by Elden Carl
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Shearing Forces and the KLR650
At first I wondered why Pauline and I with our gear all loaded onto the KLR650 never
broke a stock upper sub-frame bolt. With over 40,000 miles two-up on and off- road
carrying approximately 375lbs on the sub-frame, we should - according to the so called
experts on the Internet - have been bitten by the broken-bolt gremlin a long time ago.
What was different? Number one, our stock bolts were properly loctited and torque, and
number two, we have never crashed. Number one is important because a properly
torqued bolt is much harder to shear off than a loose one. Number two counts because
crashing and whacking the rear of the sub-frame hard causes it to act like a long lever
against the two upper bolts that are very close together.
What’s can you do?
- Install upgraded bolts (not blue ones with washers; they break - ask Jay Bass), and
be sure to loctite and torque them into place.
- If you crash and hit the sub-frame hard, replace all the sub-frame bolts .
- Install 10mmX1.25 socket bolts which require a little drilling and tapping.
We recommended this solution before the 2008 came out only to find this was Kawasaki’s
fix for the perceived problem (they got scared too). If these 10mm bolts are not loctited
and torqued they too may shear.
Whatever you do, avoid the $50.00 kit with the long/large bolt. Drilling all the way through
the welded-into-place collar is a bad idea since it has a considerably smaller outside
diameter inside the backbone than outside where your bolts are installed (you could
actually break through the wall inside the backbone).
Another potential bolt shearing problem concerns the 4 bolts that hold your handlebars in
place. In stock configuration they are fine, but if you have bar risers that are flat on the
bottom and do not engage the area that the bottom half of the handlebars usually occupy,
you have a weakness. A crash and a hard hit on the handlebars could cause excessive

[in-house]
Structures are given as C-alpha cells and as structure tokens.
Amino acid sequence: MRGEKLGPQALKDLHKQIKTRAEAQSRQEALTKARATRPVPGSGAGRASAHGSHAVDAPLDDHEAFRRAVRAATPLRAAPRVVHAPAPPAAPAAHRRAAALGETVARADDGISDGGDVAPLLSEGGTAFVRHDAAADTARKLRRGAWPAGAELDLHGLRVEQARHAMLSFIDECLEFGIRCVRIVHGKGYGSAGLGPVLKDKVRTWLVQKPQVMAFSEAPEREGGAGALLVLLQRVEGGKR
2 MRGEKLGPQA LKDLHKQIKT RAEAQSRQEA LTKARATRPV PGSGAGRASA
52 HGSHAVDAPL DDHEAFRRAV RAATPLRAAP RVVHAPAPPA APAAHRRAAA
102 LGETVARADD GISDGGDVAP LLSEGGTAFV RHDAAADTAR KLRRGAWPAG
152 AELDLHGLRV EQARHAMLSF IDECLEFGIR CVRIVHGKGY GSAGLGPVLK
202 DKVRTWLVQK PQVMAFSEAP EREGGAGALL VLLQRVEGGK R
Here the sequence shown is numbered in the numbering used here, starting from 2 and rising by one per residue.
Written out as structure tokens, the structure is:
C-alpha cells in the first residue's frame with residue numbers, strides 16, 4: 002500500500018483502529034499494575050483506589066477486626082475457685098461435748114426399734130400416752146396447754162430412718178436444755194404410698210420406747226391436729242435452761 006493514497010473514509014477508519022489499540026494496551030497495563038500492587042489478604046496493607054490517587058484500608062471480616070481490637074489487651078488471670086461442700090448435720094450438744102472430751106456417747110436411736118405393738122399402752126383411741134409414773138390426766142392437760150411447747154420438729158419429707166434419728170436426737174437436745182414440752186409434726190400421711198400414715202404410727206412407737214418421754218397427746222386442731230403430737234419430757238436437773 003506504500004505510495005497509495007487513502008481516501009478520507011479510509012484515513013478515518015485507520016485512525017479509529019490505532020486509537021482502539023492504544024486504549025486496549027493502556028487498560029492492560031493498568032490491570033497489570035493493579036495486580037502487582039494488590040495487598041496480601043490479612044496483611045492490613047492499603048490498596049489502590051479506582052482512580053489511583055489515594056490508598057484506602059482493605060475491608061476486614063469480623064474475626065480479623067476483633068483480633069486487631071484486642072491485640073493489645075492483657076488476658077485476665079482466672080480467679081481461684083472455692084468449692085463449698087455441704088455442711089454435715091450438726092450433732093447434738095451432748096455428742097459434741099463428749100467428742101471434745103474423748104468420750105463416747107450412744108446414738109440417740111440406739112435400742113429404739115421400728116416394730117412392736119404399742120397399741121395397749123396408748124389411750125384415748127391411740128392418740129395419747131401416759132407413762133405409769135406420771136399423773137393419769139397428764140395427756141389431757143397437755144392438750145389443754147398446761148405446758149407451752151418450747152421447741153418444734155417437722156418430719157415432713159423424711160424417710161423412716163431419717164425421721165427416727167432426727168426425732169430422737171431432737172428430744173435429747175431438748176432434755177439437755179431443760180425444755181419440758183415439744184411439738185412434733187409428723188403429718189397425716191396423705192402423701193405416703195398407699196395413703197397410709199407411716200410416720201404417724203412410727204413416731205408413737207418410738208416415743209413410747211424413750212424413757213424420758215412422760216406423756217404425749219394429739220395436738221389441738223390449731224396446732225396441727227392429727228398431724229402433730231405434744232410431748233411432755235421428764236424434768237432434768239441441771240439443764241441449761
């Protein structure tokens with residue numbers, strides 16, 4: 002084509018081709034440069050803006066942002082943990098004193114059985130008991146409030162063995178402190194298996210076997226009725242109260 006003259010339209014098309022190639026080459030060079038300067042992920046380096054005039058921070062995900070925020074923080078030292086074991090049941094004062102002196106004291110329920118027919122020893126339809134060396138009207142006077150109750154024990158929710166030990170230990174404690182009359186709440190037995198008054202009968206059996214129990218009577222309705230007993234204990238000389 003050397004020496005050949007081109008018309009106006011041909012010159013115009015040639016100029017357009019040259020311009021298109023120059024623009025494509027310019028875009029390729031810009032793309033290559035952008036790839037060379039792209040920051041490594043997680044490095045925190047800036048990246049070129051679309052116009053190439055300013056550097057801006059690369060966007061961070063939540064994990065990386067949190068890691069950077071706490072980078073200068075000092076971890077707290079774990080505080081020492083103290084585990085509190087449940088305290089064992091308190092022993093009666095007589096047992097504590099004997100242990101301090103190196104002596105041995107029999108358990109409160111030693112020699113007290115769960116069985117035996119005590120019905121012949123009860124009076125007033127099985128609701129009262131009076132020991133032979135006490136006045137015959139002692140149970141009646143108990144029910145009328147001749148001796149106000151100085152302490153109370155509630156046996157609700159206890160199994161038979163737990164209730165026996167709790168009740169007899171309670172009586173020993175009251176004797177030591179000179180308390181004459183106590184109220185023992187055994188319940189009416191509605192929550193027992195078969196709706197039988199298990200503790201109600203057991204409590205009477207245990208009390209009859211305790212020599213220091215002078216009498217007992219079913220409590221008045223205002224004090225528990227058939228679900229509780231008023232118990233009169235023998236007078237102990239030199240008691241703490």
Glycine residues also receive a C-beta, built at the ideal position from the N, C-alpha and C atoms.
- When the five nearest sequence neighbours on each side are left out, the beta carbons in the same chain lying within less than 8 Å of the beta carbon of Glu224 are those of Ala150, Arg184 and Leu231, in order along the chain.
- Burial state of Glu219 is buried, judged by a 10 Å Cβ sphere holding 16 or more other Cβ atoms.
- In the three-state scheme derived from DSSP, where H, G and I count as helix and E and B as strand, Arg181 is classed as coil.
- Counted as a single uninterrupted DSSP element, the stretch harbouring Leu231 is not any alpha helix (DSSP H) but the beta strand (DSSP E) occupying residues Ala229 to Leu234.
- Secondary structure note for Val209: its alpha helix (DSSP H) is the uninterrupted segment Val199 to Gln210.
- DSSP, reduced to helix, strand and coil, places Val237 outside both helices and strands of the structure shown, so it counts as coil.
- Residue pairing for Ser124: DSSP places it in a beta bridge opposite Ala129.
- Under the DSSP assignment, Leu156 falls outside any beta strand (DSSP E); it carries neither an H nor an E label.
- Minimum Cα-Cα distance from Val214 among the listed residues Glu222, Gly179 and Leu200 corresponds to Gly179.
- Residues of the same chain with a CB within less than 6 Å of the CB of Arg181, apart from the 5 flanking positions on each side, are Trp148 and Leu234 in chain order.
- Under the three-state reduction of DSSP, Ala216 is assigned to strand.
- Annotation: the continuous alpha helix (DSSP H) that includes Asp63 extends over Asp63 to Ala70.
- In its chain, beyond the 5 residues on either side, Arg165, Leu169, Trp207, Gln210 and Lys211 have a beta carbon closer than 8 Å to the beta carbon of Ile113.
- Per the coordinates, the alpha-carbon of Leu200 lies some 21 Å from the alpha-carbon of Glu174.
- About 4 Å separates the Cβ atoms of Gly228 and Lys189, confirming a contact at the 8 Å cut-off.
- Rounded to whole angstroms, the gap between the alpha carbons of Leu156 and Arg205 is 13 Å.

shearing forces to be applied to the four fasteners. If you do crash with this type of riser in
place, it would be a good idea to replace the (4) bolts as well as the bent handlebars.
Radiator guards pose another potential shearing threat. Avoid any radiator or catch tank
guard that is anchored by only 6mm fasteners. The tiny 6mm bolts cannot sustain large
crash forces and could shear off, ruining the brackets and the radiator they are supposed
We’ve only seen one good radiator guard, and that is from “Dual Star”. Crash forces are
absorbed mostly by the left front engine mounting bracket which the guard is welded to.
Real beefy! No guard is needed on the right; there is already a metal frame there behind
the right fairing shroud. Shearing forces of lesser importance exist in other places on the
KLR650, but replacing all cheap #4 and #7 fasteners on the bike with high quality flange
bolts properly loctited and torqued into place will solve most potential problems.
P.S. If you decide to install 10X1.25 socket bolts into your upper sub-frame, do not drill
and tap deeper than the existing holes.
Dr. David Webster, long time MSM rider told me about the new King KT-966 tire back
when it first came out. Rod Morris and I tried and loved them for their long life and all
around usefulness. The KT-966 rear allowed us to use one rear tire for almost all
conditions. We’d just change the front to a Cheng Shin, 325/350-21, C-755 knobby when
conditions were sandy, muddy or otherwise loose.
We now find that this great and inexpensive tire is no longer available due to insurance
concerns (Lawyers again). It seems that if a manufacturer sells a DOT approved tire to a
distributor (in this case, “Western Power Sports”) it must come backed by liability
Since King refused to insure their DOT tires, Western Power Sports dropped them. We
can only hope that King decides to remedy this situation so that we can again be supplied
with the wonderful KT-966 and their copies of the Metzeler Unicross knobbies which are
also DOT approved but not insured. Wake up Mr. King, your customers are waiting.